High court decision to quash solar farm planning permission – an update
Recently the High Court agreed to quash the planning permission for a solar farm. The planning application for the 22ha solar farm in Wiltshire was granted in June 2013. In March 2014 a local resident became aware of the application and submitted an application for Judicial Review in August 2014. On the basis of the Judicial Review application the planning application was quashed, despite the solar farm having already been constructed (at a cost of approximately £10 million) and operational. The cost of restoration was also estimated to be approximately £1.5 million.
The quashing of the planning permission was challenged and the Court of Appeal recently overturned the High Court's decision.
These two key reasons for this were:
1. There was no breach of legitimate expectations
The objector argued that he had a legitimate expectation of receiving notice of the planning under a Statement of Community Involvement policy ("SCI").
The Court of Appeal did not accept this interpretation. Under the SCI the Council's responsibility was to "endeavour" to notify those people whose land adjoined the land in question. Therefore only those neighbouring landowners had a legitimate expectation of receiving notice of the planning application.
As the objector had no expectation of receiving specific notice under the SCI, there had been no breach of his legitimate expectation. The objector had the same opportunity as any member of the public to learn about the planning application.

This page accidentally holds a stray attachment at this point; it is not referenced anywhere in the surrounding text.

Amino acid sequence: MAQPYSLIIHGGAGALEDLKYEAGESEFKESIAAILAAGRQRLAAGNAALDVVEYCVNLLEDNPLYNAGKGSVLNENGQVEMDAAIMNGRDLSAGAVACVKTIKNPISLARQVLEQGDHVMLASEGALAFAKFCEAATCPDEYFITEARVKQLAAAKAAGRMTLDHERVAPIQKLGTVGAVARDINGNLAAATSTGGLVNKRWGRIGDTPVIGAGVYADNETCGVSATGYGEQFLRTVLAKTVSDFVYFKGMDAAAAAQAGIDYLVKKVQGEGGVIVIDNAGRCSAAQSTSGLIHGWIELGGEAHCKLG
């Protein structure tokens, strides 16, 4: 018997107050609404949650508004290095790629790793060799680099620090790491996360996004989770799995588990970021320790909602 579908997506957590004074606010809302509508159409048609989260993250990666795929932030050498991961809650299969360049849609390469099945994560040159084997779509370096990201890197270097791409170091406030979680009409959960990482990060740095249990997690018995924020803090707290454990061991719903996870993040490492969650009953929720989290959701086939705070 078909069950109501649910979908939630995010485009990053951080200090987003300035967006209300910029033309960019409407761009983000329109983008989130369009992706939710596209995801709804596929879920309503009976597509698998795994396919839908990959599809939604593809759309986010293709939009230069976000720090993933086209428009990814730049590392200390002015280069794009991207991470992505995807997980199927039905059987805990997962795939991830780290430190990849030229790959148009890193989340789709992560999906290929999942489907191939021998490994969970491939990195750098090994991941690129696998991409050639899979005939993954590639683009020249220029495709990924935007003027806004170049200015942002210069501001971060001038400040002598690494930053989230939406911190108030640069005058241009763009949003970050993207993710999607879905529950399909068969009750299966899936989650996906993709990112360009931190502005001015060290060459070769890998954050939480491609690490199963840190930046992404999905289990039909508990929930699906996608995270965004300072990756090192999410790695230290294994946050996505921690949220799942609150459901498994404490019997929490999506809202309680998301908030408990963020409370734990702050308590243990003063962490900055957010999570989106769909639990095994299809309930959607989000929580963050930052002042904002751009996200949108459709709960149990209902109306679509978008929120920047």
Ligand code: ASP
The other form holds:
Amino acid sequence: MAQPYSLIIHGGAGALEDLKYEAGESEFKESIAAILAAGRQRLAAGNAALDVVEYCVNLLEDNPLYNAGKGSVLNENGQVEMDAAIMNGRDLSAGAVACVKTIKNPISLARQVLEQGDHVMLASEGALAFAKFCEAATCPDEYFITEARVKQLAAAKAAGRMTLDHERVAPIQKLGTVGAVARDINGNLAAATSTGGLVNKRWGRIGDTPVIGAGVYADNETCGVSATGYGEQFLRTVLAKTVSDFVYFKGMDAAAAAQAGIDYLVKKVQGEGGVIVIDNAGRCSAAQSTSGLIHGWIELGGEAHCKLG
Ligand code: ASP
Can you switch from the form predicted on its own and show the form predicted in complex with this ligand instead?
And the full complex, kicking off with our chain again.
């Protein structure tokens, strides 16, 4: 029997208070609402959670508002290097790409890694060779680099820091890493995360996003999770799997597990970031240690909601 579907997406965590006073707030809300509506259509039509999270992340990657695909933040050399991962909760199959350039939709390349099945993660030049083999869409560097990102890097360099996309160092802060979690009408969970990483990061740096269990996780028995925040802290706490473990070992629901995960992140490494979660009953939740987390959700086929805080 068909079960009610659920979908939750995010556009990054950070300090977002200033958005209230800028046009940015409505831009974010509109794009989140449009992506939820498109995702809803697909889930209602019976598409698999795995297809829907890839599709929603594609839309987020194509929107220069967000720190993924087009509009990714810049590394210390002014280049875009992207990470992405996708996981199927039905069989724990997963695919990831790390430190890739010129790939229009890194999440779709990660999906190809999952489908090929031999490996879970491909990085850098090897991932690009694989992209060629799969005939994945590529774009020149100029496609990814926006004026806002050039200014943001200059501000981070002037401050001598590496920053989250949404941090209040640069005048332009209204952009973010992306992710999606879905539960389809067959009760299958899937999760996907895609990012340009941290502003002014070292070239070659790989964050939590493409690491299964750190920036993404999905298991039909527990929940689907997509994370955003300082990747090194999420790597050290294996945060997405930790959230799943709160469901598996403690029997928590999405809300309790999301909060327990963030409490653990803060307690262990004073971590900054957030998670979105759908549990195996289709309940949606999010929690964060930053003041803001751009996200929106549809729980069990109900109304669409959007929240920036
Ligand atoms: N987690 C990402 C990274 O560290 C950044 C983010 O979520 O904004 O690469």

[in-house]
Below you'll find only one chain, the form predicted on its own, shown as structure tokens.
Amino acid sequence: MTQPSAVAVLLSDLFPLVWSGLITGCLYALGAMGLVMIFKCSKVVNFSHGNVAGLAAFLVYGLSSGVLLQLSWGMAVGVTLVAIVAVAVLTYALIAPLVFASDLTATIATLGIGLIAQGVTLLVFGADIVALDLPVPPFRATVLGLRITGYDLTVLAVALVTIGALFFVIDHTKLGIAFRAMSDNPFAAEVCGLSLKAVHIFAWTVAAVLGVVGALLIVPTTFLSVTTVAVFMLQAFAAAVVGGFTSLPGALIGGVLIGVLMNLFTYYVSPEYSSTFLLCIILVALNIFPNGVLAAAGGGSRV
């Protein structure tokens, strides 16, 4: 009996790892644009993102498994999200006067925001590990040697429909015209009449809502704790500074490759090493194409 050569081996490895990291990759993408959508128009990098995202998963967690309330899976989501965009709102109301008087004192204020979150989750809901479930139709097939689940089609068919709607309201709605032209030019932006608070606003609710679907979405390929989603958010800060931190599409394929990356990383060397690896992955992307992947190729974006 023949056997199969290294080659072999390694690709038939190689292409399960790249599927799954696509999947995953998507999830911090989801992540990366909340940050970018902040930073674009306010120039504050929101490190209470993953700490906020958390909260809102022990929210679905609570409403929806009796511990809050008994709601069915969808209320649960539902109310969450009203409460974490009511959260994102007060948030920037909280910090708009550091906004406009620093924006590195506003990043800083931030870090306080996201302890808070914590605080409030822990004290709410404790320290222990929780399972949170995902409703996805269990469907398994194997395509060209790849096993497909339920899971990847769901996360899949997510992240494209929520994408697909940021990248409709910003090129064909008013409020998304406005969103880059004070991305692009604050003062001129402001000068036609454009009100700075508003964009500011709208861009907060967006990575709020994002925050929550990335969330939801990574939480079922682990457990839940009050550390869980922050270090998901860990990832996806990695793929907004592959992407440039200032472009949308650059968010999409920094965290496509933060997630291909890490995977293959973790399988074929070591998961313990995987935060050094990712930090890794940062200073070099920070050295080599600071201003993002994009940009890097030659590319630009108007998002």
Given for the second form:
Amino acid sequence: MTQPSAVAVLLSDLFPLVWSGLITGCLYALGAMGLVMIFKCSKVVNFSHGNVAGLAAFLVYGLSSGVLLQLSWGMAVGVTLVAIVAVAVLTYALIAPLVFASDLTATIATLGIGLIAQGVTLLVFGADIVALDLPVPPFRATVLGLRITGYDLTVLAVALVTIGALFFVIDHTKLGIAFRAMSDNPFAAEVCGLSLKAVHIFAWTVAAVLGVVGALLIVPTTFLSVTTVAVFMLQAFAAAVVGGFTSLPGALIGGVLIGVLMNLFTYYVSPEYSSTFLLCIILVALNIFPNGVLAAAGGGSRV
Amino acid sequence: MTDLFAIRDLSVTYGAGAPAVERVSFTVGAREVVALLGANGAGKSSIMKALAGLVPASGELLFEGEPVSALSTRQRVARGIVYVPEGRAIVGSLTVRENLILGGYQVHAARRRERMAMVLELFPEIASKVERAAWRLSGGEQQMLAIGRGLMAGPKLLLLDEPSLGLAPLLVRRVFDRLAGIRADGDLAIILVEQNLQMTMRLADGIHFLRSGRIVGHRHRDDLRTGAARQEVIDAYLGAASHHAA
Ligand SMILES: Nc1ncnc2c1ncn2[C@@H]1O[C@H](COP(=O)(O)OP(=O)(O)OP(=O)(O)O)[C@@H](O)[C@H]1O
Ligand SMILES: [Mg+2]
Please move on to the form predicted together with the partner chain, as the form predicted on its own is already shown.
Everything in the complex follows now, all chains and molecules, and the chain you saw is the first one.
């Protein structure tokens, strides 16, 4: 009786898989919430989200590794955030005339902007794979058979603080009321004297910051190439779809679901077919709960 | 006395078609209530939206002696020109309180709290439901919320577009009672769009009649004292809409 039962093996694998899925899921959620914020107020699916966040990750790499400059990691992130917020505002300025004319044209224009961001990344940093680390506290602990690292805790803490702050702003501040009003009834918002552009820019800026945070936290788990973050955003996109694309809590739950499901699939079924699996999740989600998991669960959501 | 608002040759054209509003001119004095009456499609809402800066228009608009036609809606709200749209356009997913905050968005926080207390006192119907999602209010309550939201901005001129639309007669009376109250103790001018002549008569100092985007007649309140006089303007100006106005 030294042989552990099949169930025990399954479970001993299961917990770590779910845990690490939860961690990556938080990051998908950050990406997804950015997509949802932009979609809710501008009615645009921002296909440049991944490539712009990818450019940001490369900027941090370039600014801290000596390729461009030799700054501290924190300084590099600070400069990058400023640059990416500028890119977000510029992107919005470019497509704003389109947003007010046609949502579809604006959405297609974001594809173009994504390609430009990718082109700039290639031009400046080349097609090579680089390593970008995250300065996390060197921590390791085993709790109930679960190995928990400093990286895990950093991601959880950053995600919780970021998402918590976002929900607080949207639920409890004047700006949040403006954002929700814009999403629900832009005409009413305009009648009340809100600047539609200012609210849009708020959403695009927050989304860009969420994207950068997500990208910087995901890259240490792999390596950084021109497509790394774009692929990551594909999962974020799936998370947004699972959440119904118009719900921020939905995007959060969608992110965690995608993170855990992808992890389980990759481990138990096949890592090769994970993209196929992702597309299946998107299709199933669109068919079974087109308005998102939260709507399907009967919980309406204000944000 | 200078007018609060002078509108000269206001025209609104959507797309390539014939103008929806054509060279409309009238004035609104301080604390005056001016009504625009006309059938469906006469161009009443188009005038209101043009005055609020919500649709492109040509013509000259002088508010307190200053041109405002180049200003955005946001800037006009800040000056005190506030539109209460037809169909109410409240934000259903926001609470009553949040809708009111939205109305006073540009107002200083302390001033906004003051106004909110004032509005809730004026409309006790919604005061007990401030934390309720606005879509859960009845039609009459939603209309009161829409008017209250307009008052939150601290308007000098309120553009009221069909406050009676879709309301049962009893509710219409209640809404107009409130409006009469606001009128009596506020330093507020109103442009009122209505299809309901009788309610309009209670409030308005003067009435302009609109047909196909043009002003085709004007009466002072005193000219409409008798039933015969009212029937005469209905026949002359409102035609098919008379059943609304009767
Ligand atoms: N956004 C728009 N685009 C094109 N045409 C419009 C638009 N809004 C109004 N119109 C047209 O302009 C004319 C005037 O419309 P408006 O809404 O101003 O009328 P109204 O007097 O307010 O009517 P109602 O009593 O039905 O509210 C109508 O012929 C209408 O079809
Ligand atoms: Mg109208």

2. No sufficient reason for the objector's delay in bringing the Judicial Review proceedings
2.1 A key consideration in this case was the delay in the objector making a Judicial Review application. The Court considered that the objector had delayed twice. The first delay was between the grant of planning permission and the initial objection. There was a further delay of 5 months before a Judicial Review application was lodged.
2.2 The first delay was explained by the fact the objector was not specifically notified of the planning permission and was not aware of it until works commenced. The Court considered that the appropriate statutory notices were put in place and as such it was inappropriate for the Court to extend the time for bringing a legal challenge just because the objector did not notice what was going on.
2.3 The objector explained that the second delay was as a result of following legal advice. The Court did not consider this acceptable and confirmed that the "fact that a person acts (or omits to act) on the basis of legal advice does not make him less responsible in law for his actions".
2.4 The Court of Appeal considered that, because of the detrimental reliance a developer places on the grant of planning permission, it is in the public interest to ensure that there is "prompt legal action" in relation to any challenges. The Court of Appeal concluded that there needed to be "very special reasons" to allow a delayed Judicial Review application and that there were no such reasons in this case.
This case highlights the importance of having a keen eye on the timing of Judicial Review applications and makes clear that there needs to be an extremely good reason for any delay in making an application, particularly when there is likely to be detrimental reliance by one party. The Court of Appeal made clear that where an objector has been involved in the planning process throughout, they will be expected to act with "especial speed" in relation to their objections – planning practitioners will need to be alive to this and deal with any objections at the earliest opportunity.